(On an related side note, Richard Stallman endorsed Kucinich for U.S. president.)
Obama’s policies, in contrast, are essentially centrist. Tax cuts for the middle class, a scheduled withdrawal from Iraq, more regulation of financial institutions, help with healthcare – it’s all right down the middle of the road.
In Virginia, for instance, he runs TV ads touting his support for gun owner’s rights and clean coal.
These latter two positions don’t thrill Democratic partisans, but, again, Obama’s platform is about reaching out to the other side.
Which, when you think about it, is oddly similar to how Ubuntu has achieved its leading position.
Over the last few years a legion of newbies have flooded into the previously tiny fiefdom of Linux, drawn in by Ubuntu (much as Obama drew in a robust legion of new voters).
These Linux newcomers have swarmed to Ubuntu. And just as Obama’s rapid success created massive resentment – the Clintons in particular grumbled long and hard – Ubuntu’s magnetic appeal created deep resentment among some Linux partisans.
I remember back in 2006, it seemed like virtually every day a story about Ubuntu on Digg would get about 900 Diggs, because everyone was so excited about this young distro.
And if you read through the comments, you’d see plenty of resentful Linux old-timers saying, “What, another story about Ubuntu?” Adding insult to injury, many newbies thought Ubuntu was Linux – they had no idea other flavors existed.
(Even worse, the history of Google searches reveals that Linux has been falling while Ubuntu has risen. Damn! It’s enough to make a Gentoo user’s blood boil!)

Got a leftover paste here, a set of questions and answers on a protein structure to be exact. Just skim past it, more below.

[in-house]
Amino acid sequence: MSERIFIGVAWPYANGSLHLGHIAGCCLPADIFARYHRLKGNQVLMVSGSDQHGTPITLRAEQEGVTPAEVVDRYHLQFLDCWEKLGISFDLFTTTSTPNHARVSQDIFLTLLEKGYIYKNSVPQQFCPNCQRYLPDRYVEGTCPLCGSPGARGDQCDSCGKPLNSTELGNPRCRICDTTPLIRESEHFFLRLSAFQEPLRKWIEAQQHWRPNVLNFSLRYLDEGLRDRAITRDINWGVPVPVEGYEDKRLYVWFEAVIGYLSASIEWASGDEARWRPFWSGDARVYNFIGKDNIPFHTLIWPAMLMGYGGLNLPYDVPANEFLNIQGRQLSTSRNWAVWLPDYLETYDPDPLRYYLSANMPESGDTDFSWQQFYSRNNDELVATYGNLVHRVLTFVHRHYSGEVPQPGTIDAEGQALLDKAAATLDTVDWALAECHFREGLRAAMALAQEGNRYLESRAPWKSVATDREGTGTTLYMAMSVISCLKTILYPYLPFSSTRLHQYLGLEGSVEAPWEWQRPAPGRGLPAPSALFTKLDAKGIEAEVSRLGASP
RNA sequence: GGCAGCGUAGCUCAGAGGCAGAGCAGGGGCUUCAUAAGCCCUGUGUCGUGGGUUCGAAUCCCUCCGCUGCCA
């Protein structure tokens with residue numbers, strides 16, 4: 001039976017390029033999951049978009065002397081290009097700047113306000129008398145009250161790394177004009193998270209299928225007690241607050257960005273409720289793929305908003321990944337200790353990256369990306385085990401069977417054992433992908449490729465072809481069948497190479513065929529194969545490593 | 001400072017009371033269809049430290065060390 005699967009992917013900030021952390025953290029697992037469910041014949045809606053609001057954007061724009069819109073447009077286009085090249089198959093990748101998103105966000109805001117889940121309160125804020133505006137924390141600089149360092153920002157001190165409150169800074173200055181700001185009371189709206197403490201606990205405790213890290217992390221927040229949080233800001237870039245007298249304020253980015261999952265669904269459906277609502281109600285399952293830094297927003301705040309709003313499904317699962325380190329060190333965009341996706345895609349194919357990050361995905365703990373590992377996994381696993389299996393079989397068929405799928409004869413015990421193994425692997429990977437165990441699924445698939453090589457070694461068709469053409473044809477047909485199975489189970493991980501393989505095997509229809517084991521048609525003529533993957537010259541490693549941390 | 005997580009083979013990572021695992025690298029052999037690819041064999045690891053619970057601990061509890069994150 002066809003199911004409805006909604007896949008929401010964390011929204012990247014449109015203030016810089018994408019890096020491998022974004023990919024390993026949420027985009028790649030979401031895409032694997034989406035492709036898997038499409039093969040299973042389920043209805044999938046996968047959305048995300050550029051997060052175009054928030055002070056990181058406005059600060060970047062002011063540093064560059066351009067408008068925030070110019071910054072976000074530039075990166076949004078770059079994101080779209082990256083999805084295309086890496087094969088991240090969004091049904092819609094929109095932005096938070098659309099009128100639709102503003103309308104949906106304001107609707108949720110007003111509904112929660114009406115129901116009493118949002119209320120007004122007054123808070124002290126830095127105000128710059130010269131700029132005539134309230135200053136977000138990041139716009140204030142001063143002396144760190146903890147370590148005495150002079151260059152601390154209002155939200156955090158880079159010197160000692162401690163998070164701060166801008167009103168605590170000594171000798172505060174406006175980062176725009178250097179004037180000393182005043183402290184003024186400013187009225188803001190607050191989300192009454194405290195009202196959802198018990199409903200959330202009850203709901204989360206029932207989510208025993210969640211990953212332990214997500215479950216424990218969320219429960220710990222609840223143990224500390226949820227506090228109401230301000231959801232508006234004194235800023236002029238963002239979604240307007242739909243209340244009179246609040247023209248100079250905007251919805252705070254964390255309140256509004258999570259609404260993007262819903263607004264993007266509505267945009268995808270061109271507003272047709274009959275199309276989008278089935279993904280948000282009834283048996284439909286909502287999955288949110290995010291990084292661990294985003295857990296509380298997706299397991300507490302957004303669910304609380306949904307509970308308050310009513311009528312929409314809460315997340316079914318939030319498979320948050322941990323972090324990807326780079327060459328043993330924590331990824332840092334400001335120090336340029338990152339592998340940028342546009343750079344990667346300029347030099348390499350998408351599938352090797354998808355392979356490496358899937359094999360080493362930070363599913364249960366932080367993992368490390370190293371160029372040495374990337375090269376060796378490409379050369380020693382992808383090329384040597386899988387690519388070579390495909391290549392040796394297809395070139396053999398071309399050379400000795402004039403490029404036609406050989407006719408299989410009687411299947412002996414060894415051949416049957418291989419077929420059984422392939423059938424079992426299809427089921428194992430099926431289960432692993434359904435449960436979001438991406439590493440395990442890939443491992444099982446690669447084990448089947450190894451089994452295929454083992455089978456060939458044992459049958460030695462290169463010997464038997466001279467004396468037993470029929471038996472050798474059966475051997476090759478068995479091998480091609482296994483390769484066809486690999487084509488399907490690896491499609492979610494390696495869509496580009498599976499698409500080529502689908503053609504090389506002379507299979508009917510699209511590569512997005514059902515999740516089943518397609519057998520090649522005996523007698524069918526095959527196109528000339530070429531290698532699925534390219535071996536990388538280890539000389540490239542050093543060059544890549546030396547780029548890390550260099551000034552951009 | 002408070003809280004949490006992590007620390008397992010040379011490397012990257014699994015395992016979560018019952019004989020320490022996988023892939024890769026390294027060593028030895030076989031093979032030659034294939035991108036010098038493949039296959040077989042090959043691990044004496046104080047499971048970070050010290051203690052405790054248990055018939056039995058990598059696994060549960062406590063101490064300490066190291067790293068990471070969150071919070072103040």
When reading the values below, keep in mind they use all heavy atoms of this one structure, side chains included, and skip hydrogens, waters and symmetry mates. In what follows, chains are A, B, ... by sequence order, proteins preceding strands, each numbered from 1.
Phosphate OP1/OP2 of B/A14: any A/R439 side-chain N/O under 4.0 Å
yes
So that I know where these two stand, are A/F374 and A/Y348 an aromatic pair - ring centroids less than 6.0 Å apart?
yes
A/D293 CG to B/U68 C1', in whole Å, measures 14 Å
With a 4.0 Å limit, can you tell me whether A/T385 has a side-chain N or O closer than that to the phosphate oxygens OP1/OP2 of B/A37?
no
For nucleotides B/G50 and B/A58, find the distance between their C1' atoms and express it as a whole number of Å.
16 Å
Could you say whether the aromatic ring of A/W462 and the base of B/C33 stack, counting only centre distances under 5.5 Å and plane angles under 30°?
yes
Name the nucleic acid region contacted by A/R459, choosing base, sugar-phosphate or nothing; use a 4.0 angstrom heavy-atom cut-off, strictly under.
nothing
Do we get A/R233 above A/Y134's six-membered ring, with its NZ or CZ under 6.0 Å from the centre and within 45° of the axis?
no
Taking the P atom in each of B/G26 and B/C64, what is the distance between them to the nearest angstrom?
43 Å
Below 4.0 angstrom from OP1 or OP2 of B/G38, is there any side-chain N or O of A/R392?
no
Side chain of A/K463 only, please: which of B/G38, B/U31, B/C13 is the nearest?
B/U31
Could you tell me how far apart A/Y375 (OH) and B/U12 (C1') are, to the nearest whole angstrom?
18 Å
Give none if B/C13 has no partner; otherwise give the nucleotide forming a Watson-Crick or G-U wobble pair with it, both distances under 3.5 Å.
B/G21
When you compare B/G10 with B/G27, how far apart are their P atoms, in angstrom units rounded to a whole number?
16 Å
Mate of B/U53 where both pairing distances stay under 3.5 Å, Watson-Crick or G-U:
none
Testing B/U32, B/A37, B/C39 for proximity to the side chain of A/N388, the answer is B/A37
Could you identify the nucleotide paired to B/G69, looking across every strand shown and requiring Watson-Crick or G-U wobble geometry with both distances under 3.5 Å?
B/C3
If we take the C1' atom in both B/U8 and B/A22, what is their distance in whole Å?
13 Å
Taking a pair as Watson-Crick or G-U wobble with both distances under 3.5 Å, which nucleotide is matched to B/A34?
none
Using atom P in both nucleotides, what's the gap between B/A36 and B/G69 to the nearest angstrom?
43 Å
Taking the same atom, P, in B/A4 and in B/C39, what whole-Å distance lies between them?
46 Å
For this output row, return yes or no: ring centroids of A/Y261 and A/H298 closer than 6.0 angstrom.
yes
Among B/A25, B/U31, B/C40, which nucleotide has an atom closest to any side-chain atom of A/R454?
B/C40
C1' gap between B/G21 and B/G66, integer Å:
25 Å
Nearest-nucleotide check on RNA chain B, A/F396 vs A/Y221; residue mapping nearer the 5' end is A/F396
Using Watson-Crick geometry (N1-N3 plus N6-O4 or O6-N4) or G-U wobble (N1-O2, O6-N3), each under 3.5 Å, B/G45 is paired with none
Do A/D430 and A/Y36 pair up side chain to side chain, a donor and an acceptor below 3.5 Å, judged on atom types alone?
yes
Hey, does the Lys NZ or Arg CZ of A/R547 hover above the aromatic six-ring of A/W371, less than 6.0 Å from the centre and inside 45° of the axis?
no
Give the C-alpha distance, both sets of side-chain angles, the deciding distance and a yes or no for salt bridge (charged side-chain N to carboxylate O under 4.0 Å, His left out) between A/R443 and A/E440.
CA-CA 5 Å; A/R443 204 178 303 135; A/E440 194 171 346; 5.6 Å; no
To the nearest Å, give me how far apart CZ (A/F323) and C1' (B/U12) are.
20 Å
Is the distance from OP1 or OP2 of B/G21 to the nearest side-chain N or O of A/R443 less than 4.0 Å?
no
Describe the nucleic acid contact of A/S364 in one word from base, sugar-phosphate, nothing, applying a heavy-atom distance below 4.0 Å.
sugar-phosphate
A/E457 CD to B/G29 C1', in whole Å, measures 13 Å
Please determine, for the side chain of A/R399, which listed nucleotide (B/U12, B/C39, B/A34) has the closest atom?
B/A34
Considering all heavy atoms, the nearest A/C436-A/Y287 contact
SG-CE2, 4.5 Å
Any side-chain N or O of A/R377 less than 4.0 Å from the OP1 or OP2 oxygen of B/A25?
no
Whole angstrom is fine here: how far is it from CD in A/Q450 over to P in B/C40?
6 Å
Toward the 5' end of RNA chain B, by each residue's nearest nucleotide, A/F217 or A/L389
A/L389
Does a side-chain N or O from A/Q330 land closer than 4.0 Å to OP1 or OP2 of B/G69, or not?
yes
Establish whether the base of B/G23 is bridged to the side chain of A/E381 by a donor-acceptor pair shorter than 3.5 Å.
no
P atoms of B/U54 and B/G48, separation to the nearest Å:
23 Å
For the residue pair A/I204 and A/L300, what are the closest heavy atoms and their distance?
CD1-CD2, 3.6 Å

And how did Ubuntu attract its many fans? By reaching out to the other side, by realizing where the mainstream was and moving toward it.
Ubuntu embraced the traditions of diehard Linux users and moderated them, creating a distribution capable of reaching a mass of users.
Historically, the phrase “user friendly” has never been synonymous with Linux. Instead it’s been a true computer enthusiast’s operating system.
Diving into the OS and tweaking things was part of the pleasure – in fact it was required.
Linux advocates, to promote migration, always explain, “If you get stuck you can get help in a forum,” as if trolling for help with a down PC is anything but a drag (and how do you get online when your machine won’t work?)
Notice how they never say, “Oh, don’t worry, you won’t get stuck. Just point and click and it’ll take care of itself.”
But Ubuntu, even at its debut, made great strides toward the point and click user-friendly OS needed to reach the mainstream.
At the time, Debian had only a text-based installer – sure, that’s ideologically true to the spirit of GNU, but it’s anything but an Obama-style gesture of inclusiveness. (There’s a joke that says that Ubuntu is a South African word meaning “can’t install Debian.”)
Indeed, Ubuntu’s original focus on the easy usability of proprietary OSes contrasted greatly with many distros. So much so that some diehard Linux users called Ubuntu the “dumbed down” distro.
For instance, here’s a forum comment by an experienced Linux user who complained about how simple Ubuntu has made things. He wrote:
“As a user’s knowledge and experience go up there is a joy in getting under the hood of your system and completing more difficult tasks.
I learnt a lot when my son and I set up a home network running a samba server and when we set up a firewall and gateway when we went onto a cable internet.
With standard Linux setup all information can be found easily so why does Ubuntu think it is making things simpler by doing things different.”